The academic scorn for language work is not limited to teacher training, and it is not irrelevant to take our argument a stage further. Translating is an occupation subjected to similar disdain, an attitude which can also be observed to extend generally to language in its concrete realization, even in the writings of linguists themselves. In other words, while language is respected in its function as material for analysis and as a phenomenon for research, it meets with less reverence as a concrete means of expression and communication. I am here not only referring to the jargonistic fog through which linguists seem especially prone to torturing themselves into expression, but more especially to the disregard for idiom and other basic language principles found even in authoritative writings on language24. That this can extend to conscious indifference is shown in the following sentences introducing a collection of essays on text-linguistics, which were written, mainly by non-native speakers, in English25:
Responsibility for English style is with the single authors, although I have introduced some corrections. But, in distinction to other editors, I have not aimed at the task of complete englishing. In the age of increasing computer-generated English texts and of English becoming the major international language of linguistics, a volume presumably written for a majority of non-English readers by a majority of non-English authors does not need to contain only contributions in fully idiomatic English, particularly because in certain countries it is rather difficult to produce texts in such a perfect English (sic).
The argument in the last few lines is hardly convincing: precisely because English has come to be the lingua franca of linguistics, and in particular because linguistics is concerned with extremely difficult subject-matter (which computers as yet come nowhere near being able to express), the linguist may reasonably be expected at least to take the trouble to achieve competence in English and to express himself lucidly and idiomatically. Some of the essays in the collection mentioned above indeed justify the warning made by the editor, and might earn the very same comment frequently made of students' essays: they are literal translations from the language of the author concerned, and the reader most competent to unravel the meaning is the one who can first translate them back into that language.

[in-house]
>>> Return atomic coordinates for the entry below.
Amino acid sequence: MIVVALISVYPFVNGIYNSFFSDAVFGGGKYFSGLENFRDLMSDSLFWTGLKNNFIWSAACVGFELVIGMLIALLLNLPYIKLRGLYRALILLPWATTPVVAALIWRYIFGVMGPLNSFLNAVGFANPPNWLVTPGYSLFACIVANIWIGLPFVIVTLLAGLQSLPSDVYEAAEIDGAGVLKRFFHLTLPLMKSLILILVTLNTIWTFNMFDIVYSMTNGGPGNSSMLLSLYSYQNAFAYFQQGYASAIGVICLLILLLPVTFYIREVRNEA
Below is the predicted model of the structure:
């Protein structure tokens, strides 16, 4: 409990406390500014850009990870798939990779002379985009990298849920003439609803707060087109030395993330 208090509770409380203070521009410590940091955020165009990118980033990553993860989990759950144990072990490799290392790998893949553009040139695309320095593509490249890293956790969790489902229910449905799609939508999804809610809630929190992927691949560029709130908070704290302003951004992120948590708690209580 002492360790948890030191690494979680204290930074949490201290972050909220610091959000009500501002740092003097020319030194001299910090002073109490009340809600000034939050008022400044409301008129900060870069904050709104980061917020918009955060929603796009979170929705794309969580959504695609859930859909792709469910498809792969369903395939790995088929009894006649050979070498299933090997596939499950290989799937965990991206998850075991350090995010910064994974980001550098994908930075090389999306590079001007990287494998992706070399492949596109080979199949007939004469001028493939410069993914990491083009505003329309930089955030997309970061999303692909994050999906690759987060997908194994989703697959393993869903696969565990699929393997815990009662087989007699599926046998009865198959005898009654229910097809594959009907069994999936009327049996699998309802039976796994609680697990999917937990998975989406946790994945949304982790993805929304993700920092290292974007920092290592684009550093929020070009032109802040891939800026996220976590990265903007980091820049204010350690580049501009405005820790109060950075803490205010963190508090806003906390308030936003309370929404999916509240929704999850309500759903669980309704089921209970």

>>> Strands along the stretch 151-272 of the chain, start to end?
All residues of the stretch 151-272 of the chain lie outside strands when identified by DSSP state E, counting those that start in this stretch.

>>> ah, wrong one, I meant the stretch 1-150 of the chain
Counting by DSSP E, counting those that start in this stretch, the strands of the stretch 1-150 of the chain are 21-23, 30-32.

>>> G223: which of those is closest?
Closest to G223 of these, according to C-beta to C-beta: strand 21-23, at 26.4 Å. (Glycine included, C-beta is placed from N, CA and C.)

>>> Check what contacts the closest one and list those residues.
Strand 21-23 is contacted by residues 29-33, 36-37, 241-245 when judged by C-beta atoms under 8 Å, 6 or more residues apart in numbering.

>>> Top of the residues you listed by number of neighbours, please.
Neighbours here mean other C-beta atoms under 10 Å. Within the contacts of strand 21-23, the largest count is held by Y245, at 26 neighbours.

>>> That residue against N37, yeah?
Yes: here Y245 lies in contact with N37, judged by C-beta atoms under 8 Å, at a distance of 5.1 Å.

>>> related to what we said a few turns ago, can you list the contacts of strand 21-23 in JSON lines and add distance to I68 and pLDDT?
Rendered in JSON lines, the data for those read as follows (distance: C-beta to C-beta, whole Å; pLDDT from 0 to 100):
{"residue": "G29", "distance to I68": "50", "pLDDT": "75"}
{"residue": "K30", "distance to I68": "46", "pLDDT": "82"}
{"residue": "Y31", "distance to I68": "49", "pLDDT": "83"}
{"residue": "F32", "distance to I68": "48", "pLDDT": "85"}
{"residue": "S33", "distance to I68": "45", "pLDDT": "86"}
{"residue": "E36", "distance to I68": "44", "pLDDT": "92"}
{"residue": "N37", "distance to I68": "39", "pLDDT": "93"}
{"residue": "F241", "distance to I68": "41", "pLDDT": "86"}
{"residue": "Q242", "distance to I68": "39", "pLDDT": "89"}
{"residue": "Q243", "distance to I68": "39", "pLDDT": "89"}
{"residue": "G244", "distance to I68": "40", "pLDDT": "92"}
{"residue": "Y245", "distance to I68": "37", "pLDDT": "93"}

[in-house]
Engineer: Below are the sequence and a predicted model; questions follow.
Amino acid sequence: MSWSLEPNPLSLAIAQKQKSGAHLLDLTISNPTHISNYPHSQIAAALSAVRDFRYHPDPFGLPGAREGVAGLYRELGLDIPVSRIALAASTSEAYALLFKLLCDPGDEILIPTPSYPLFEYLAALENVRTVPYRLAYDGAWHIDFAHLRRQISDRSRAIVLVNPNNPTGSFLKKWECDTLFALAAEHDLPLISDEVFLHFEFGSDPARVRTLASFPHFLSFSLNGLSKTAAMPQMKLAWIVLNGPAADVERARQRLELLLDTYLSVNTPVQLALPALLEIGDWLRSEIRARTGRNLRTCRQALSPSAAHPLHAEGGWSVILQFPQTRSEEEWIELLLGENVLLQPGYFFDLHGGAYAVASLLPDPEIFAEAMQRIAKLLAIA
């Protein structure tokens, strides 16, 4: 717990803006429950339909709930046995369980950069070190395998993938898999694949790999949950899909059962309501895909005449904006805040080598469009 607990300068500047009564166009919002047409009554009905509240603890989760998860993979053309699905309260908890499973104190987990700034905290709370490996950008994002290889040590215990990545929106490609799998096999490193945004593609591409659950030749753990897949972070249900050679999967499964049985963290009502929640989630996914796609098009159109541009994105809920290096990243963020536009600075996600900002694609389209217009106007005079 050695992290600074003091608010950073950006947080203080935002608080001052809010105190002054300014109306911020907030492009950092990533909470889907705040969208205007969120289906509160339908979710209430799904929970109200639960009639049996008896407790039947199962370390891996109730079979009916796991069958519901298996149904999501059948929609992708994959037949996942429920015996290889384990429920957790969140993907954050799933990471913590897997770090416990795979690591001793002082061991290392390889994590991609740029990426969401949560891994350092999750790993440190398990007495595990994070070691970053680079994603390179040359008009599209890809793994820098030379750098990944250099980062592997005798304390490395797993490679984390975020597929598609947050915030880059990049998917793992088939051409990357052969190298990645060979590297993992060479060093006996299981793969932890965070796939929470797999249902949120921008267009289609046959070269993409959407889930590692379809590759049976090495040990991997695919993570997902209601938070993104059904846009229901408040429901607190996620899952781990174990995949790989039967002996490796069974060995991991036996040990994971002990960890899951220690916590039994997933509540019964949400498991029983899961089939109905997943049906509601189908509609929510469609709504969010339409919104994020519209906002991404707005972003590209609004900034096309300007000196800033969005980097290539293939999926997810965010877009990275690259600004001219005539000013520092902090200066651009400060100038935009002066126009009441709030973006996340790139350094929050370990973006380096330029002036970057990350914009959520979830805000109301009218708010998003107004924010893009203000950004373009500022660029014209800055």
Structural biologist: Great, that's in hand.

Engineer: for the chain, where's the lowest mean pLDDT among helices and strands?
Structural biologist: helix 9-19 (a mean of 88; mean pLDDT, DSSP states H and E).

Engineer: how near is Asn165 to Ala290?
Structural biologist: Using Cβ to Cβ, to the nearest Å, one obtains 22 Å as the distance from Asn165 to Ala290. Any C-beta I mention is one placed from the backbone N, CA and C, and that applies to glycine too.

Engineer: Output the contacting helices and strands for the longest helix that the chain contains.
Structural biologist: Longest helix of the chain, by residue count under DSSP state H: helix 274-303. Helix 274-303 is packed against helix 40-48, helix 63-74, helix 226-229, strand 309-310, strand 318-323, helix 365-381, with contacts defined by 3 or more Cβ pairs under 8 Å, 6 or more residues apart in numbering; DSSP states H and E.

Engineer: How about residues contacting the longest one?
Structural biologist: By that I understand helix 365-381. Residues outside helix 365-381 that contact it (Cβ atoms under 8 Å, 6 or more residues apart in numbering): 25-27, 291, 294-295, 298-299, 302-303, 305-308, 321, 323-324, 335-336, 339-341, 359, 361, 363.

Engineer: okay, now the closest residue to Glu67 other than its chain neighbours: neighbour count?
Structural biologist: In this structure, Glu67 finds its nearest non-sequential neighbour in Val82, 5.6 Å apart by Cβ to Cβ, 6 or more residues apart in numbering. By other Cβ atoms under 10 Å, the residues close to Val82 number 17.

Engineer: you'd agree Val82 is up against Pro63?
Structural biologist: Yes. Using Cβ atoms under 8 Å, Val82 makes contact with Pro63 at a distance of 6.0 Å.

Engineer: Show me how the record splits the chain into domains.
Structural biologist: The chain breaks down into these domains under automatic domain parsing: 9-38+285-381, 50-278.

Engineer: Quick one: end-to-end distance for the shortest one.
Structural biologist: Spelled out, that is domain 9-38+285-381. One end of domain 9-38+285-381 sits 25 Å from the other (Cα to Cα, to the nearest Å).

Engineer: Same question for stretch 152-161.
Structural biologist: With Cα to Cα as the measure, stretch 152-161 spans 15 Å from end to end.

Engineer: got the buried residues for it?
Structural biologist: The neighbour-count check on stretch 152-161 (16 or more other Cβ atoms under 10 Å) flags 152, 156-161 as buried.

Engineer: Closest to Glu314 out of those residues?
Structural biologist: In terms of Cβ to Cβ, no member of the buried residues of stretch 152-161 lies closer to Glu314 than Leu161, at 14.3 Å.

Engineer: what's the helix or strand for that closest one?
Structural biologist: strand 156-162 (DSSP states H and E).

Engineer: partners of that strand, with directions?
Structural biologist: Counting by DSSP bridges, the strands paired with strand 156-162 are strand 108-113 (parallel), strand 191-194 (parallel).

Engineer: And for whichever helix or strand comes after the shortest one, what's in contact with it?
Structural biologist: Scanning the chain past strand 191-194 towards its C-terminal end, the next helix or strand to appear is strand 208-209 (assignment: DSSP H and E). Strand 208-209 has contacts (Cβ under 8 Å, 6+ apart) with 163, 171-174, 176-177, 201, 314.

Here again we come up against the familiar ambivalent attitude: on the one hand disdain for language in its concrete realization, on the other capitulation in the face of the very real difficulties which mastery of a language involves. At this point we may ask if anything can be done about it. At the end of his article, Sprengel suggests three concrete remedies for the grievances he has discussed:
1. An obligatory diagnostic test for all beginners in English.
2. A considerable increase in practical language courses; in particular, an increase in listening/ speaking courses, and a regulation that makes them obligatory.
3. A changeover to English as the teaching language in all courses, seminars and lectures.